Tennessee Should Tune in to a New Era of Television Options

April 12, 2007 11:26PM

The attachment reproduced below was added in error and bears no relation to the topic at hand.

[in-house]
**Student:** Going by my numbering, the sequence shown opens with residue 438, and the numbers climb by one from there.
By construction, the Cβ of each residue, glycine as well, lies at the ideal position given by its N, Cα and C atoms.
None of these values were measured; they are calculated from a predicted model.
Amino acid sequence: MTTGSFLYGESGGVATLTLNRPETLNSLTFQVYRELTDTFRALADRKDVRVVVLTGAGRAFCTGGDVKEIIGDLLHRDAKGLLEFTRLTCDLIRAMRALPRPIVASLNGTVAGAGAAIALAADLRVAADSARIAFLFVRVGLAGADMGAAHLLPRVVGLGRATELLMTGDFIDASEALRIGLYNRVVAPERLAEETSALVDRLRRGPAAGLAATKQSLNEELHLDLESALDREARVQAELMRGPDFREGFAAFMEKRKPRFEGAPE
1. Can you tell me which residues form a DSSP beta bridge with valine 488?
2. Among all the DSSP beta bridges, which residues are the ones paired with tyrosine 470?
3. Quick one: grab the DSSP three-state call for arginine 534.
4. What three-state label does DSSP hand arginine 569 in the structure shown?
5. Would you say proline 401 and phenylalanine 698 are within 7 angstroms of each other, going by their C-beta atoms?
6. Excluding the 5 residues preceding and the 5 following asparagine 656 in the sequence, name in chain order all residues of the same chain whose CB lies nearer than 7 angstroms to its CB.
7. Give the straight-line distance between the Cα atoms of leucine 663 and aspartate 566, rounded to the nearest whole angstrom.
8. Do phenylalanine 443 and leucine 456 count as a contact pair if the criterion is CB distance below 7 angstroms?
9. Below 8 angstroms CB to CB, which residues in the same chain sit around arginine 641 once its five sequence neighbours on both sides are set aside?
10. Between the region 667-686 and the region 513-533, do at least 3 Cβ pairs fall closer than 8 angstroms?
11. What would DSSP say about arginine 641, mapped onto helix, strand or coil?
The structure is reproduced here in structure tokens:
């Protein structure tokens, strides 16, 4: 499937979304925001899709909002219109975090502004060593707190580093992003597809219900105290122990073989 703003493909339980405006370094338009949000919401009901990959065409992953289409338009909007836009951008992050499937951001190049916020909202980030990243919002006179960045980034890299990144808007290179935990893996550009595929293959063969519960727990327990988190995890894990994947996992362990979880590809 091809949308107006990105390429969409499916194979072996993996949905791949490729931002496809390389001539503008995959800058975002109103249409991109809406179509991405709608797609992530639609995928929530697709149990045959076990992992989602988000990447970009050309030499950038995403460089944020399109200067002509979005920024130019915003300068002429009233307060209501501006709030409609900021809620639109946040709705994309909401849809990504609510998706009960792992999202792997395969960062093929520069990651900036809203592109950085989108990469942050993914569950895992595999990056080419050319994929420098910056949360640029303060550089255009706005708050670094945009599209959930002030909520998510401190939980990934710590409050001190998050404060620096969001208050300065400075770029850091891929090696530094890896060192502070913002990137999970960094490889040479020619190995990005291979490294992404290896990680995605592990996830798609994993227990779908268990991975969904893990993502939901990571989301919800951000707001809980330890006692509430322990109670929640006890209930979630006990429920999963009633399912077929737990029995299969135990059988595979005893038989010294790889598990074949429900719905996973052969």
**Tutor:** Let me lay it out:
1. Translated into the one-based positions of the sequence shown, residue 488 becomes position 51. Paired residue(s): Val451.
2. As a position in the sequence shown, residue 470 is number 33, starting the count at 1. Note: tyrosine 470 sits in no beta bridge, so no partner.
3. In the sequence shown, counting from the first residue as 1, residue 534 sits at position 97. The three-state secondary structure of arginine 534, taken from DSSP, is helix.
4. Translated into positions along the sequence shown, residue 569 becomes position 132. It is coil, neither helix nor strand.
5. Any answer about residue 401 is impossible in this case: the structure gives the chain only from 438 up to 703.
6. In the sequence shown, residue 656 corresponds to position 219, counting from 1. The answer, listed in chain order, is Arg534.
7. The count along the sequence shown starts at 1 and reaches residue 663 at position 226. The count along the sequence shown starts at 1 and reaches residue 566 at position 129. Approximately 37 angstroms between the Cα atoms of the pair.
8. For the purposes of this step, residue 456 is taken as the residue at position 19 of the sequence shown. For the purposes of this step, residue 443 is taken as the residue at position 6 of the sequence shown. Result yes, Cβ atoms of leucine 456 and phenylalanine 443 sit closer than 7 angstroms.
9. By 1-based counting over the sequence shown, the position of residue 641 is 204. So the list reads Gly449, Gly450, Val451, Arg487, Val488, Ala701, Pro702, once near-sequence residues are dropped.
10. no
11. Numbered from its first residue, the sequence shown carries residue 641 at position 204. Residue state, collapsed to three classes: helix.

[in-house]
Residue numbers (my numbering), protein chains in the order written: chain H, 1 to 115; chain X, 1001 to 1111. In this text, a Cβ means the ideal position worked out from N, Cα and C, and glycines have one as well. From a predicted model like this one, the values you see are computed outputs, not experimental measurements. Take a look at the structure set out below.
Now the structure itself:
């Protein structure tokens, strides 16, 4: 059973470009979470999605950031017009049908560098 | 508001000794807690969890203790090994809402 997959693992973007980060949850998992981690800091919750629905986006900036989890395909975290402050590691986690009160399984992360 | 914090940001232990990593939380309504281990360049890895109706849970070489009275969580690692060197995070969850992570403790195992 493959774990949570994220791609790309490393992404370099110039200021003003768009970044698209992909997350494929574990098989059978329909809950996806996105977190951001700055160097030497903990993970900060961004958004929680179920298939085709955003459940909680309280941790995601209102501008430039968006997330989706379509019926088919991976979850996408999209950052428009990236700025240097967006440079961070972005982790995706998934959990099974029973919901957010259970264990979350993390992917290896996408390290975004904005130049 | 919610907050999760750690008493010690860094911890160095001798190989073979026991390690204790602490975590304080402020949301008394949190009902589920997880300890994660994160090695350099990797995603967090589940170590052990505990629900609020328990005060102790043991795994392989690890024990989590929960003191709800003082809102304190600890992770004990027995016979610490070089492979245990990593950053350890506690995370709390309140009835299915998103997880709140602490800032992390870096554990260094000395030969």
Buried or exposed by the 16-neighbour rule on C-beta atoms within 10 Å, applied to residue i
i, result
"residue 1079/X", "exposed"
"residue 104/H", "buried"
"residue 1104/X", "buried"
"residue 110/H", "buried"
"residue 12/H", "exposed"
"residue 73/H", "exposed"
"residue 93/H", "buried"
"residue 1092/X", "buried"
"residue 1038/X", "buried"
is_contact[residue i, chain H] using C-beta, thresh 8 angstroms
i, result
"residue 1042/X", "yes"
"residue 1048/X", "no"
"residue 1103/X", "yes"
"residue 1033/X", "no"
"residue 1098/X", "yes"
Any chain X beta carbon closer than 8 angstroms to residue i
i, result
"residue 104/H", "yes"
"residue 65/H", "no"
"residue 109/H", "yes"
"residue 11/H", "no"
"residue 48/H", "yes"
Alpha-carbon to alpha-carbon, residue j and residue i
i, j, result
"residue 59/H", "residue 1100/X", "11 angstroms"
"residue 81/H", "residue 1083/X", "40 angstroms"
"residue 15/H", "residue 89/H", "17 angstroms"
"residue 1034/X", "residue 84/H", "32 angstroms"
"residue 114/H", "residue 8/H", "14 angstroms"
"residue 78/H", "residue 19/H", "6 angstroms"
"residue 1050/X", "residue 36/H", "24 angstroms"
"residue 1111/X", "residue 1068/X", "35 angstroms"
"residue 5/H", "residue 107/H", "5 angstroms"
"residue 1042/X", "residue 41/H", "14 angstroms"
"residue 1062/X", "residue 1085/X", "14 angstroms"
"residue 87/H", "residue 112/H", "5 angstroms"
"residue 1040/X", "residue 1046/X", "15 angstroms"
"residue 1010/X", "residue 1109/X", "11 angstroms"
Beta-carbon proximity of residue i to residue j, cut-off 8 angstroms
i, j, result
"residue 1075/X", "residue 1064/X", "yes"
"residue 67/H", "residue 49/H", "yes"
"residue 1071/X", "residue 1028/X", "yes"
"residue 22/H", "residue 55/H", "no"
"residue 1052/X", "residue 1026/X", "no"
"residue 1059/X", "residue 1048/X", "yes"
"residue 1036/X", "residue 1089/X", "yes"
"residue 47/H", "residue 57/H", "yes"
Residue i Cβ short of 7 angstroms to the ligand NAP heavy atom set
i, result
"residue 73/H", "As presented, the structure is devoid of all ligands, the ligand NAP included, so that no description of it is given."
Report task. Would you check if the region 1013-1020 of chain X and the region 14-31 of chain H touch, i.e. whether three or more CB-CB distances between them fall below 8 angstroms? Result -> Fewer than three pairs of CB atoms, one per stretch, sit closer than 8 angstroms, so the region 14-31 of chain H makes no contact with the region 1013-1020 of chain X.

By Drew Johnson Imagine a law limiting every town to one restaurant and giving the local government the right to choose which restaurant to allow. Let’s say your town chose to give its one restaurant license to Burger King. You don’t have to be an economist or a restaurant owner to imagine what would happen next. Without competition from other restaurants, Burger King’s customer service would begin to drop. Long waits, incorrect orders and an untidy eating area would be the order of the day. The lack of competition would also lead to price gouging. Without other restaurant options, Burger King would have no reason not to hike prices as high possible. It would become a world of the $15 Whopper. As you know, this isn’t how the restaurant business works, but it’s exactly how the cable industry operates in Tennessee. City and county governments in Tennessee require that cable companies secure a local franchise to provide cable service. While local competition among cable companies has been allowed since 1996, franchise requirements and the advantages enjoyed by the company allowed to serve a locale prior to 1996 mean that it is extremely rare for more than one franchise to be awarded in an area, leaving most Tennesseans with only one choice for cable. Since cable companies rarely compete against one another, and satellite services offer a poor alternative for many customers in Tennessee, cable customers have little alternative to paying whatever cable companies charge. In response, cable companies increase prices dramatically on these captive customers. Since 2000, residents of many Tennessee cities have watched their cable bills increase by more than 30 percent—Chattanooga has seen a staggering 52 percent increase in cable cost. This lack of competition has also resulted in poor customer service. When a company has a monopoly, as cable companies have in much of Tennessee, there is little reason to please customers. Thus, some cable companies ignore customer service, putting cable companies behind the Internal Revenue Service in a recent poll of customer satisfaction. Advances in technology have made it possible for both cable and telecommunications companies to provide voice, data and video services to most homes in Tennessee. The host of new options for consumers creates the perfect opportunity for state lawmakers to end cable’s monopoly over television service. If lawmakers overturned the current municipal franchising scheme and replaced it with a statewide franchising system, Tennesseans could choose between a variety of services from multiple companies. The result would be lower prices and better service options for consumers. In recent months, a dozen states, including California, North Carolina, South Carolina and Virginia, have ended local cable monopolies by passing franchise reform allowing telecommunications and other cable companies to compete for customers under statewide franchises. The benefits have been undeniable. In Texas, franchise reform will create over $3 billion in new telecom investments and up to 7,000 jobs. Tennessee’s legislators have the opportunity to turn the Volunteer State into a similar success story. By pulling the plug on Tennessee’s outdated system of local cable monopolies and allowing statewide franchises, state lawmakers can allow constituents to tune into a new world of television options. Just as dozens of restaurants mean a variety of food options at competitive prices, video franchise reform would result in cheaper television and video services with more channels and better customer service for millions of Tennesseans.